UN Human Rights Council must consolidate consensus on 16-18
|Publication Date||20 March 2013|
|Cite as||Article 19, UN Human Rights Council must consolidate consensus on 16-18, 20 March 2013, available at: http://www.refworld.org/docid/516c06974.html [accessed 1 May 2017]|
|Disclaimer||This is not a UNHCR publication. UNHCR is not responsible for, nor does it necessarily endorse, its content. Any views expressed are solely those of the author or publisher and do not necessarily reflect those of UNHCR, the United Nations or its Member States.|
ARTICLE 19 and Cairo Institute for Human Rights Studies (CIHRS) are concerned that a new draft resolution on religious tolerance, tabled by the Organisation of Islamic Conference (OIC) at the 22nd Session of the UN Human Rights Council (HRC), has been proposed without adequate consultation between stakeholders and introduces new language that threatens to undermine the consensus achieved by resolution 16/18, which protects both the right to freedom of religion or belief and the right to freedom of expression.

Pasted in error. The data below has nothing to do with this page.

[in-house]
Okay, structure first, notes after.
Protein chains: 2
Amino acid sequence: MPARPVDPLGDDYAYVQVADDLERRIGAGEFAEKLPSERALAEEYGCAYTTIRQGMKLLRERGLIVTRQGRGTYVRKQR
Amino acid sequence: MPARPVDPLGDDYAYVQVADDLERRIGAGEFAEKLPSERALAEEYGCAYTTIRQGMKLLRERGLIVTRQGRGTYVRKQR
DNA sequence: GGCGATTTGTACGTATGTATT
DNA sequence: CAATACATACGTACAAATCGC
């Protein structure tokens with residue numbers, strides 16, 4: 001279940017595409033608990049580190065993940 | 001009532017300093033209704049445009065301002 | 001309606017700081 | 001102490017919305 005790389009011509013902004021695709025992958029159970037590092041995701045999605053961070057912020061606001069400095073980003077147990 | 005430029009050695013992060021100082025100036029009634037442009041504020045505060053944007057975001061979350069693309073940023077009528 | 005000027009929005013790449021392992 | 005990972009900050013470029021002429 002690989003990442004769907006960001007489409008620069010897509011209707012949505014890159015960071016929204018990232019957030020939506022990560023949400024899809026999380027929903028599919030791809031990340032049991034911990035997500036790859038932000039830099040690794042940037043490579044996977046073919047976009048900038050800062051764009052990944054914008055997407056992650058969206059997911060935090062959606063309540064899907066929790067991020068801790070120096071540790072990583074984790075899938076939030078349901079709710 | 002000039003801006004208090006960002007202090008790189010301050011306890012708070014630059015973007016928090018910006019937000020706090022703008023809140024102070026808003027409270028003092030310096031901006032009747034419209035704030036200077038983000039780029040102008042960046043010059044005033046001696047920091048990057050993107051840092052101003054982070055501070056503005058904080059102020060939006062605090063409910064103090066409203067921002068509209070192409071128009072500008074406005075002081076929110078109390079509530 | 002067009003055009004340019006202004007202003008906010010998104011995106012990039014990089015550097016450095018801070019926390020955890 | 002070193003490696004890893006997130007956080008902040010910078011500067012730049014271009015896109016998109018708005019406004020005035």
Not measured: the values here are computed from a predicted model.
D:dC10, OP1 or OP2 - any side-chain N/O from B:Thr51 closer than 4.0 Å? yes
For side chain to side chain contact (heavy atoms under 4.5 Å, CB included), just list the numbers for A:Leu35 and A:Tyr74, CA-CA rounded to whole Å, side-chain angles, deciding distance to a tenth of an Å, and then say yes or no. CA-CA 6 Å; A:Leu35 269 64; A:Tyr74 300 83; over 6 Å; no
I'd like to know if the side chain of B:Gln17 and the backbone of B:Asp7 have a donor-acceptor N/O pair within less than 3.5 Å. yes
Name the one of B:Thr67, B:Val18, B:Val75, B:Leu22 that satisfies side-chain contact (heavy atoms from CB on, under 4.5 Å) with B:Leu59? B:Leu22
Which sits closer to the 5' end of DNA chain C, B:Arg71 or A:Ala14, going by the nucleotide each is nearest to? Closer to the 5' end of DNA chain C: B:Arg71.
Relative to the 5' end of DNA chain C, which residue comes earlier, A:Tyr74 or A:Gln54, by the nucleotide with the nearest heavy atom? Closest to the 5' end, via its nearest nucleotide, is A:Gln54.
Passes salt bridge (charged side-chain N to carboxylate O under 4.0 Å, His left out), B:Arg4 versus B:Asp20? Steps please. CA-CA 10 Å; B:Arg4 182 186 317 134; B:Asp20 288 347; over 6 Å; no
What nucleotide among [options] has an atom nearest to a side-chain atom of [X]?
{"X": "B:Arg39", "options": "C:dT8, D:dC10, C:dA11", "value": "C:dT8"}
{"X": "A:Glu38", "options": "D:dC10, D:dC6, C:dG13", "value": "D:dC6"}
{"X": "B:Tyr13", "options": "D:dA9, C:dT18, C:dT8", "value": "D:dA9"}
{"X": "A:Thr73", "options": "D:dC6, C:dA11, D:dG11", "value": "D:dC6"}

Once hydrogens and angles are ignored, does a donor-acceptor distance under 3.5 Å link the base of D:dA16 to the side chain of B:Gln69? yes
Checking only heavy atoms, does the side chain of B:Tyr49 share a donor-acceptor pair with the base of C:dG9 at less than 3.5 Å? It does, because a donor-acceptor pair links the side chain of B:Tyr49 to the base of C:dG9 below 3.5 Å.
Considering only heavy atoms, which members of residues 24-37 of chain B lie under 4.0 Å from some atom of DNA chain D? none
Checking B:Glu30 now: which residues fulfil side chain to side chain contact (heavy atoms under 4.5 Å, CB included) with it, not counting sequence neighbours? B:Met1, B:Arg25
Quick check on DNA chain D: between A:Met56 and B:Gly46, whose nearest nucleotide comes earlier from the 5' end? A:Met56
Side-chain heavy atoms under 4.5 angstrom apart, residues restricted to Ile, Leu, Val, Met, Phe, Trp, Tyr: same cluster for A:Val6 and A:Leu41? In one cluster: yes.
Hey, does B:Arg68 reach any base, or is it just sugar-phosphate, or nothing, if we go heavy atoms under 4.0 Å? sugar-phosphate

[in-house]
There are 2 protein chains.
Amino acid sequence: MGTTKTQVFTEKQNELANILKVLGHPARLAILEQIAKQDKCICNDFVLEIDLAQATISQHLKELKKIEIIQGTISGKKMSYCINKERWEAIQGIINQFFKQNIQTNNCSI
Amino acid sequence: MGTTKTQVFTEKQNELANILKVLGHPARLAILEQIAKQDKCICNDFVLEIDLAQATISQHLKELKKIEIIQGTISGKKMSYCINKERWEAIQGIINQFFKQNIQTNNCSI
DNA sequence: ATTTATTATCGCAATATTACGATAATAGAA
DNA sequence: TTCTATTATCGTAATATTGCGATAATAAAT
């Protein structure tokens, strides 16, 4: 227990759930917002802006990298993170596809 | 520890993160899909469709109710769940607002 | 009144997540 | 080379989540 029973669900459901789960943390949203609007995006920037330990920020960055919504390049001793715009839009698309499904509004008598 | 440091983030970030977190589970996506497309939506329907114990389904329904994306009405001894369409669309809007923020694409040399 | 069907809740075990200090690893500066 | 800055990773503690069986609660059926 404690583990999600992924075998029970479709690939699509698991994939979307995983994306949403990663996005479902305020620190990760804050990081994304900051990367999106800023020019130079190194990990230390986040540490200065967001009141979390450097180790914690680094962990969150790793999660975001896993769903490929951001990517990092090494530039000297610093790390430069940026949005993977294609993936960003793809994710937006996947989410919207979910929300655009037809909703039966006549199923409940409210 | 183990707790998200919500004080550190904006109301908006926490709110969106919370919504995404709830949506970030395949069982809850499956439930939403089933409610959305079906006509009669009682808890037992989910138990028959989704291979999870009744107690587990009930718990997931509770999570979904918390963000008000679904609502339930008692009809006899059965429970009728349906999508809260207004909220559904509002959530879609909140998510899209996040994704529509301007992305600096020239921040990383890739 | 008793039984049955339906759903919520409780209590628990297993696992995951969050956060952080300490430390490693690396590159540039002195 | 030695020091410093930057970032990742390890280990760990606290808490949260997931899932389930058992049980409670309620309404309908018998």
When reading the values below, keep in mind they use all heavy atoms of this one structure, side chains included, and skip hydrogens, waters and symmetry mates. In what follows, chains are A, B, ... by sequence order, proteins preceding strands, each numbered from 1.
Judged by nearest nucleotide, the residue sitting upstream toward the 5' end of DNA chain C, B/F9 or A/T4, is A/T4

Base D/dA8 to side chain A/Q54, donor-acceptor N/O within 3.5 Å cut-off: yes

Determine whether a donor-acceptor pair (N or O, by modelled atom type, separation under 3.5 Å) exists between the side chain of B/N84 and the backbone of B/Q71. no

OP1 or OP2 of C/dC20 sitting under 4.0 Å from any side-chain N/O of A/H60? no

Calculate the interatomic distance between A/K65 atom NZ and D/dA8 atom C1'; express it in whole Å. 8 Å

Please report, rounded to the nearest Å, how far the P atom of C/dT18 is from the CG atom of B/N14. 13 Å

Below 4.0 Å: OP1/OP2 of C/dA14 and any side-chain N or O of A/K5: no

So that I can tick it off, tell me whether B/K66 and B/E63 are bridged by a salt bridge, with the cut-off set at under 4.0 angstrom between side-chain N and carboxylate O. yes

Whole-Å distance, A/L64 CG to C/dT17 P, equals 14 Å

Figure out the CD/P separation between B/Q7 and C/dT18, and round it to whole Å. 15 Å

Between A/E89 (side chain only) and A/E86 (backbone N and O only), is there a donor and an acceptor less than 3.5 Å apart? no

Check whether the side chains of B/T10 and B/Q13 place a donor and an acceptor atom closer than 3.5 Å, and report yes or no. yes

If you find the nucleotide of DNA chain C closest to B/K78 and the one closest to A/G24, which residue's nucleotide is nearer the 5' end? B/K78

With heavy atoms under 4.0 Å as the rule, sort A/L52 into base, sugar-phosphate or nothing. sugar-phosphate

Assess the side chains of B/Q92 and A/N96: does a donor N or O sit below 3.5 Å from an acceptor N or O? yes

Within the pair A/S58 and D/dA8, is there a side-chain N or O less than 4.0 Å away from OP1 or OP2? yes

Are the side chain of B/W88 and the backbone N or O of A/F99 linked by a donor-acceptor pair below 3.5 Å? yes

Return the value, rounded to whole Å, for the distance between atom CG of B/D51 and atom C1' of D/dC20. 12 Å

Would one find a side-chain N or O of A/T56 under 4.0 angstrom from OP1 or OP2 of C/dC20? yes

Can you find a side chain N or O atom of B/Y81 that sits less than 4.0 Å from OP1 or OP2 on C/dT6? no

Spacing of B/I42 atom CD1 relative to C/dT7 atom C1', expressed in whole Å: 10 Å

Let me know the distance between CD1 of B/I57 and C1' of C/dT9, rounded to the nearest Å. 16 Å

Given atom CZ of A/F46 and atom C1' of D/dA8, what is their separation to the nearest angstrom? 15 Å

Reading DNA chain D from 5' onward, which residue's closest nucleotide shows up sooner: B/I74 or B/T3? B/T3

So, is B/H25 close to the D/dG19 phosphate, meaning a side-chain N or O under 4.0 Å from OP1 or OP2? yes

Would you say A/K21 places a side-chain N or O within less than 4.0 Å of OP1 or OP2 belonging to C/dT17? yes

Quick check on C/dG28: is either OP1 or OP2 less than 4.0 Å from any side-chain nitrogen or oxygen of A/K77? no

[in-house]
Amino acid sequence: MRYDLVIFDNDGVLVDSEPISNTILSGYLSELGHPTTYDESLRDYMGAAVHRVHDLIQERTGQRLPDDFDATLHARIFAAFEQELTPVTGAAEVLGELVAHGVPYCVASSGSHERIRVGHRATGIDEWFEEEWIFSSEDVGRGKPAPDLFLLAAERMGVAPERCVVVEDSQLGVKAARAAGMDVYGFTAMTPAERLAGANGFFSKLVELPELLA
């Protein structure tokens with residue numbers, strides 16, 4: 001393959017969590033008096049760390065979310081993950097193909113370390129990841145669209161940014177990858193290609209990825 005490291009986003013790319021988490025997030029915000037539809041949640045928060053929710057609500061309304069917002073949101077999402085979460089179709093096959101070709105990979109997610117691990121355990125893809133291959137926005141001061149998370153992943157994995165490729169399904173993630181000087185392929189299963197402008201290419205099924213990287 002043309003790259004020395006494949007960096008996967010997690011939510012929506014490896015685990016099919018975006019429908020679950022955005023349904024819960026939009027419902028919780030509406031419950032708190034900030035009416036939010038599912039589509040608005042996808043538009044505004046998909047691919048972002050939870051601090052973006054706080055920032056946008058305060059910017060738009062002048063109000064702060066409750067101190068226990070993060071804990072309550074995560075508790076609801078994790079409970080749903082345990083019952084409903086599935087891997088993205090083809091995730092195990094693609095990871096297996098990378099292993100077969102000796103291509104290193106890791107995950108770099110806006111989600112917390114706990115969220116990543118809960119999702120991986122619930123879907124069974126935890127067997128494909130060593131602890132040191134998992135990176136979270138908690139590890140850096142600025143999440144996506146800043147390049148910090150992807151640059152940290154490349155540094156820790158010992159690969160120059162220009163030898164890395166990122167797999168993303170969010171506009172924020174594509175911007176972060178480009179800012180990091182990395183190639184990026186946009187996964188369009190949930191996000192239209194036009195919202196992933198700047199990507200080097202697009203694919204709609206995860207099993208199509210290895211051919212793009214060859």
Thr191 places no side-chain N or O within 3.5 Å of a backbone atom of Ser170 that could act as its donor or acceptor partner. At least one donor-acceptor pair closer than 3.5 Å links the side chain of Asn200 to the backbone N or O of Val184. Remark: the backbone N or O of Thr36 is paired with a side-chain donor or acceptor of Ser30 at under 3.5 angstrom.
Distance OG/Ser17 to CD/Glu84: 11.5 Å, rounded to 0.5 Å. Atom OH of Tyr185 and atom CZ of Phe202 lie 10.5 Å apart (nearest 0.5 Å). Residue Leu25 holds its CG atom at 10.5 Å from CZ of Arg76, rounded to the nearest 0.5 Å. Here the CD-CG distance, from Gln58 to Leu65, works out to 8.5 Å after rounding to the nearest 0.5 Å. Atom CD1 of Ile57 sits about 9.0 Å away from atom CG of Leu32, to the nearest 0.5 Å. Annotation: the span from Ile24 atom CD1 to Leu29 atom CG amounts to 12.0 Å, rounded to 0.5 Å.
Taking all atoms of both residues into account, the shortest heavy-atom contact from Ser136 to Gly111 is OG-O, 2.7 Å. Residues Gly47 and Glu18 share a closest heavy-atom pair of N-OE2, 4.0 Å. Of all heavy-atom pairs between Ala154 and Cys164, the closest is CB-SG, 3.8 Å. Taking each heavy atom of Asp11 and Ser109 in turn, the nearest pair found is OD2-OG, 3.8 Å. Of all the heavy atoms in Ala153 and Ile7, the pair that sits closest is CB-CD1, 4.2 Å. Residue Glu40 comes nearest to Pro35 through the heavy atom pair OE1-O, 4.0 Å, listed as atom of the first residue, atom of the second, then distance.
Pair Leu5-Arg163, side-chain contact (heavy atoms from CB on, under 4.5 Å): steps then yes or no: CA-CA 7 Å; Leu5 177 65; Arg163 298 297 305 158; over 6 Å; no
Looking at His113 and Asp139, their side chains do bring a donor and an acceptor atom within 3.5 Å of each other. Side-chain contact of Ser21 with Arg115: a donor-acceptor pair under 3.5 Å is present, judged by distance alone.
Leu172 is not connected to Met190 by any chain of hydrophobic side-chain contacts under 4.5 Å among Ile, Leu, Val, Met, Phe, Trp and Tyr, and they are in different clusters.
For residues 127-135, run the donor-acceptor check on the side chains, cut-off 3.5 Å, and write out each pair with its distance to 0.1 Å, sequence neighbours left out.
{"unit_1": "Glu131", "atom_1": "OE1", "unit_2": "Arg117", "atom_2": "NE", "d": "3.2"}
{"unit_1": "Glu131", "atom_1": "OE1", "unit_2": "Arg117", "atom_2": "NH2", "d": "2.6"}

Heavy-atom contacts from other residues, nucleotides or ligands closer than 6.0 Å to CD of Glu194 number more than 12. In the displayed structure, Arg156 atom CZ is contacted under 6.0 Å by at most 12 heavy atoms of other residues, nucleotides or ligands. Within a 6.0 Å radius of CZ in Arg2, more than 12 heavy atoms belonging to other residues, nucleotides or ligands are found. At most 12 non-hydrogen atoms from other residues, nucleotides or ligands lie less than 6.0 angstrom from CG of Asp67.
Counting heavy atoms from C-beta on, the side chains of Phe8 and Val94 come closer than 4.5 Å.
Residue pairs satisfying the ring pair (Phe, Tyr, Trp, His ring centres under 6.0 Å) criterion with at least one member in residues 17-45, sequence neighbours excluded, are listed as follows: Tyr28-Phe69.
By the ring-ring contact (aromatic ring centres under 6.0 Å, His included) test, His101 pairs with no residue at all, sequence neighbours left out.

We call upon HRC member states to allow adequate time for proposed new language or action-points to be fully considered and recommend that the introduction of any new language be deferred, to allow for continuing constructive engagement and to maintain the spirit of resolution 16/18 and the consensus that underpins it.
Resolution 16/18 was the landmark 2011 resolution that replaced calls to combat the deeply problematic concept of "defamation of religions" with commitments to address religious intolerance through promoting the related rights to freedom of expression, freedom of religion, and non-discrimination. ARTICLE 19 and CIHRS welcomed this resolution as compatible with international human rights standards, and as a significant achievement for the UN Human Rights Council.